I wish the entire process had gone more smoothly, but I really did the best I could without having any prior experience, and no one on hand to guide me. I did almost everything entirely by myself. I appreciated Howling Duck Ranch's recent photo documentary on slaughtering a rooster. (Caution: that link is pretty graphic.) The pictures were sufficiently detailed so that I had some idea what to expect, and I had read other accounts of chicken "processing" before. Because I was working by myself, I didn't get any photos. I just wanted the less than cheery chore over and done with as quickly as possible. I will however post soonish about the homemade chicken plucker that my husband helped me finish up just a day or two before the girls met their demise.
The girls each dressed out at less than 2.5 pounds. Surprising how small a laying hen is. I tried making coq au vin with one of them, but the results were less than inspiring. I made broth from the other two and canned it. It was excellent broth.
As you might expect, I had my reasons for slaughtering my first batch of layers. They hadn't been laying all that well recently. There were days when I got no eggs at all, and too many others with just one egg between the three hens. A consistent two eggs per day would be one thing, but less than that is what I would call retirement living for the hens, and that's something I promised myself I would not do. The lack of eggs can't even be blamed on hot summer weather, since up to the point they were slaughtered we'd been having an eerily cool July. The clincher though was an offer of free two-year-old White Marans layers. These girls are the same age my first layers were when I got them. Some Marans lines have feathered legs, as do three of our new girls. But they are not heavily feathered, so it's not very noticeable.
The neat thing about all the Marans varieties is that they lay very dark colored eggs. White Marans, as you might expect, lay lighter colored eggs than their darker kindred. But have a look at these, our first few Marans eggs compared to the last of our Red Star eggs.
Leftmost is a very pale egg from a Red Star hen showing the bleaching associated with age and summer weather. The two darker eggs are from Marans hens, probably also showing lighter than normal due to stress of relocation.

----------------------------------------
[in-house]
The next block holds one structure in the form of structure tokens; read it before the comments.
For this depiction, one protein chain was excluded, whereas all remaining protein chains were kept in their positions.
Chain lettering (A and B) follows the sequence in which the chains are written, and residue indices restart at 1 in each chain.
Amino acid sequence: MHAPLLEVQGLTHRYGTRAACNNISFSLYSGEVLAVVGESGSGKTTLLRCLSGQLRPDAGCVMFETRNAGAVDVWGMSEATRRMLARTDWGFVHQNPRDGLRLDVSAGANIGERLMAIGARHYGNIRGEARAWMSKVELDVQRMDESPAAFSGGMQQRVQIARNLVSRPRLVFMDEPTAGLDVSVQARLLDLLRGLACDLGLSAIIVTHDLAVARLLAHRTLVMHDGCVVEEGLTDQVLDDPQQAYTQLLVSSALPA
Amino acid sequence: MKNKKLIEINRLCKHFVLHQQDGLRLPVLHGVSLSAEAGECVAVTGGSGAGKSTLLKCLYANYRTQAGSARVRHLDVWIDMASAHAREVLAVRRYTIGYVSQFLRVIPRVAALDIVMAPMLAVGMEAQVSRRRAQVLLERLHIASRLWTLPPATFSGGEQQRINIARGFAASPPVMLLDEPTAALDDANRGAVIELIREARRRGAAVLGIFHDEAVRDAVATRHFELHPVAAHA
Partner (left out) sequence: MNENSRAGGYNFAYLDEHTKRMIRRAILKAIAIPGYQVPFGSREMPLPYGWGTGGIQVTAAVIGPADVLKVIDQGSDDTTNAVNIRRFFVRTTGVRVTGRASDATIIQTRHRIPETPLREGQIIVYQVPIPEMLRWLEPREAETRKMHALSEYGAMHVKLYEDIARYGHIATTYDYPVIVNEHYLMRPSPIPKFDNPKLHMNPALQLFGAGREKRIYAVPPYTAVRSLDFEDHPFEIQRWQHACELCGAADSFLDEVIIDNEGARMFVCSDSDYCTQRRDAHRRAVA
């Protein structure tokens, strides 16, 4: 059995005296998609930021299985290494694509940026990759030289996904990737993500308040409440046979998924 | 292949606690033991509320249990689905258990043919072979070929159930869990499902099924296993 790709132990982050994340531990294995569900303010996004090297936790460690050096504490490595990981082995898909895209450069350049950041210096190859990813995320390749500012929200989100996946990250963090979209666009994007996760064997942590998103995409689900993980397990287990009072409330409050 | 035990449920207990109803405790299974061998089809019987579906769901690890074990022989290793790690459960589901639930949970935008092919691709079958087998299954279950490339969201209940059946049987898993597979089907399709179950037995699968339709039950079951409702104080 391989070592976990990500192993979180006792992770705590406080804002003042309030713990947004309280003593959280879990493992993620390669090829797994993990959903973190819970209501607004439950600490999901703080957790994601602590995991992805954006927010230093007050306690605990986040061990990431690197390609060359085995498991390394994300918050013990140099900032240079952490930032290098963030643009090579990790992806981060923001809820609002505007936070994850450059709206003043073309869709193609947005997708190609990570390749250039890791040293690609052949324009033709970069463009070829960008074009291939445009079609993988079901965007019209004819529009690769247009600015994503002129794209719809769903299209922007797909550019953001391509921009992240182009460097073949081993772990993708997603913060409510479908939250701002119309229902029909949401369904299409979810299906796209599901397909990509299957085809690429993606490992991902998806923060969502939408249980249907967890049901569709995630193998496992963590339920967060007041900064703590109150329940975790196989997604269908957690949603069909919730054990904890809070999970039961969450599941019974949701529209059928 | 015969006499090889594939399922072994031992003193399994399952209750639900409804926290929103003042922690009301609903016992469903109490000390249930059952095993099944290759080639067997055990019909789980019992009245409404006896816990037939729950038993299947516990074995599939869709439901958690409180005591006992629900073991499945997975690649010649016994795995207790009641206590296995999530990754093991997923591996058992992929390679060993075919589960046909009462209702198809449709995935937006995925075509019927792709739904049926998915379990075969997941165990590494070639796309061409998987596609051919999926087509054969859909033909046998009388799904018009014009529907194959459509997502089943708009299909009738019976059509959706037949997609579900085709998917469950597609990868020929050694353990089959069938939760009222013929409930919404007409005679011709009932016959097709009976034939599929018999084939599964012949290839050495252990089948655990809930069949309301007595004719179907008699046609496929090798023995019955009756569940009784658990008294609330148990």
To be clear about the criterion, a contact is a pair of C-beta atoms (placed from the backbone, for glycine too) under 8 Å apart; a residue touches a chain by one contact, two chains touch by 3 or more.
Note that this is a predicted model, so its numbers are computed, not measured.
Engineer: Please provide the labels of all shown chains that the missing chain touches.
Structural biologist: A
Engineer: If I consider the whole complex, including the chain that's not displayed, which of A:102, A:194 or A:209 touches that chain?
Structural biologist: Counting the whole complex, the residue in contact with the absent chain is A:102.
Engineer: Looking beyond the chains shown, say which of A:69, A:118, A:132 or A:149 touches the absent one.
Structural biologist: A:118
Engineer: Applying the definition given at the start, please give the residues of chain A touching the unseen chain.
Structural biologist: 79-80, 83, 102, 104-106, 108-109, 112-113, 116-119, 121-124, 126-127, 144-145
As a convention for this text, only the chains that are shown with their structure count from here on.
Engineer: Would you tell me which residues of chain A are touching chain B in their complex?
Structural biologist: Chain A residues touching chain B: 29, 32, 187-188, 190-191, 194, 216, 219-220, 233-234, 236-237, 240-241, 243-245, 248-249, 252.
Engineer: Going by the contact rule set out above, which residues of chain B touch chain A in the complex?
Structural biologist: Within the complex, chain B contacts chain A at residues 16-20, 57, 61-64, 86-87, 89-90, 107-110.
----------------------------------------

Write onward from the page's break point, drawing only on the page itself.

The farmer who passed these layers on to me said that the White Marans will lay a 6 or a 7 on this egg color chart in the springtime, but any sort of stress lightens the color. Given that they'd just been moved, and that it got rather hot the first few days they were here, these eggs should be at the lighter end of the range that the new girls will lay. Springtime coloration will be something to see.
So we're now up to five layers. They are not nearly as well socialized as our Red Stars were. They were pretty freaked out by the move, and they are extremely timid about me being near their pen and coop. Apparently they weren't given treats at their previous home nearly as often as we're accustomed to doing, if ever. The first time I gave them some bread, they had no idea what it was, didn't go bonkers for it, and had to (very cautiously) decide what they thought of it. So far they've shown very little interest in the fresh greens I've offered them, though they are picking at the grass. The first few eggs they laid, developed while they were on whatever diet their previous owner gave them, had extremely pale yolks compared to what we normally get. Frankly, they looked like store-bought eggs. I'm hoping they begin to appreciate the bolted lettuce, dandelion leaves, and purslane I offer them, because it's the plants that make the flavor, color, and nutrition of the eggs. Well, that and the bugs. Some of them have figured out my offers of Japanese beetles, but they really don't seem to associate people with anything positive just yet. I'm working on that.
We expect that our five new girls will keep us in plenty of eggs, with a dozen here and there to share or barter, once they're over the trauma of the move and new environs. Unlike the Red Star hens we started with, the new girls are not beak trimmed, which I'm happy about. Aside from it being a cruel and unnecessary practice, the new girls will be more accomplished at pecking and foraging for treats in the dirt.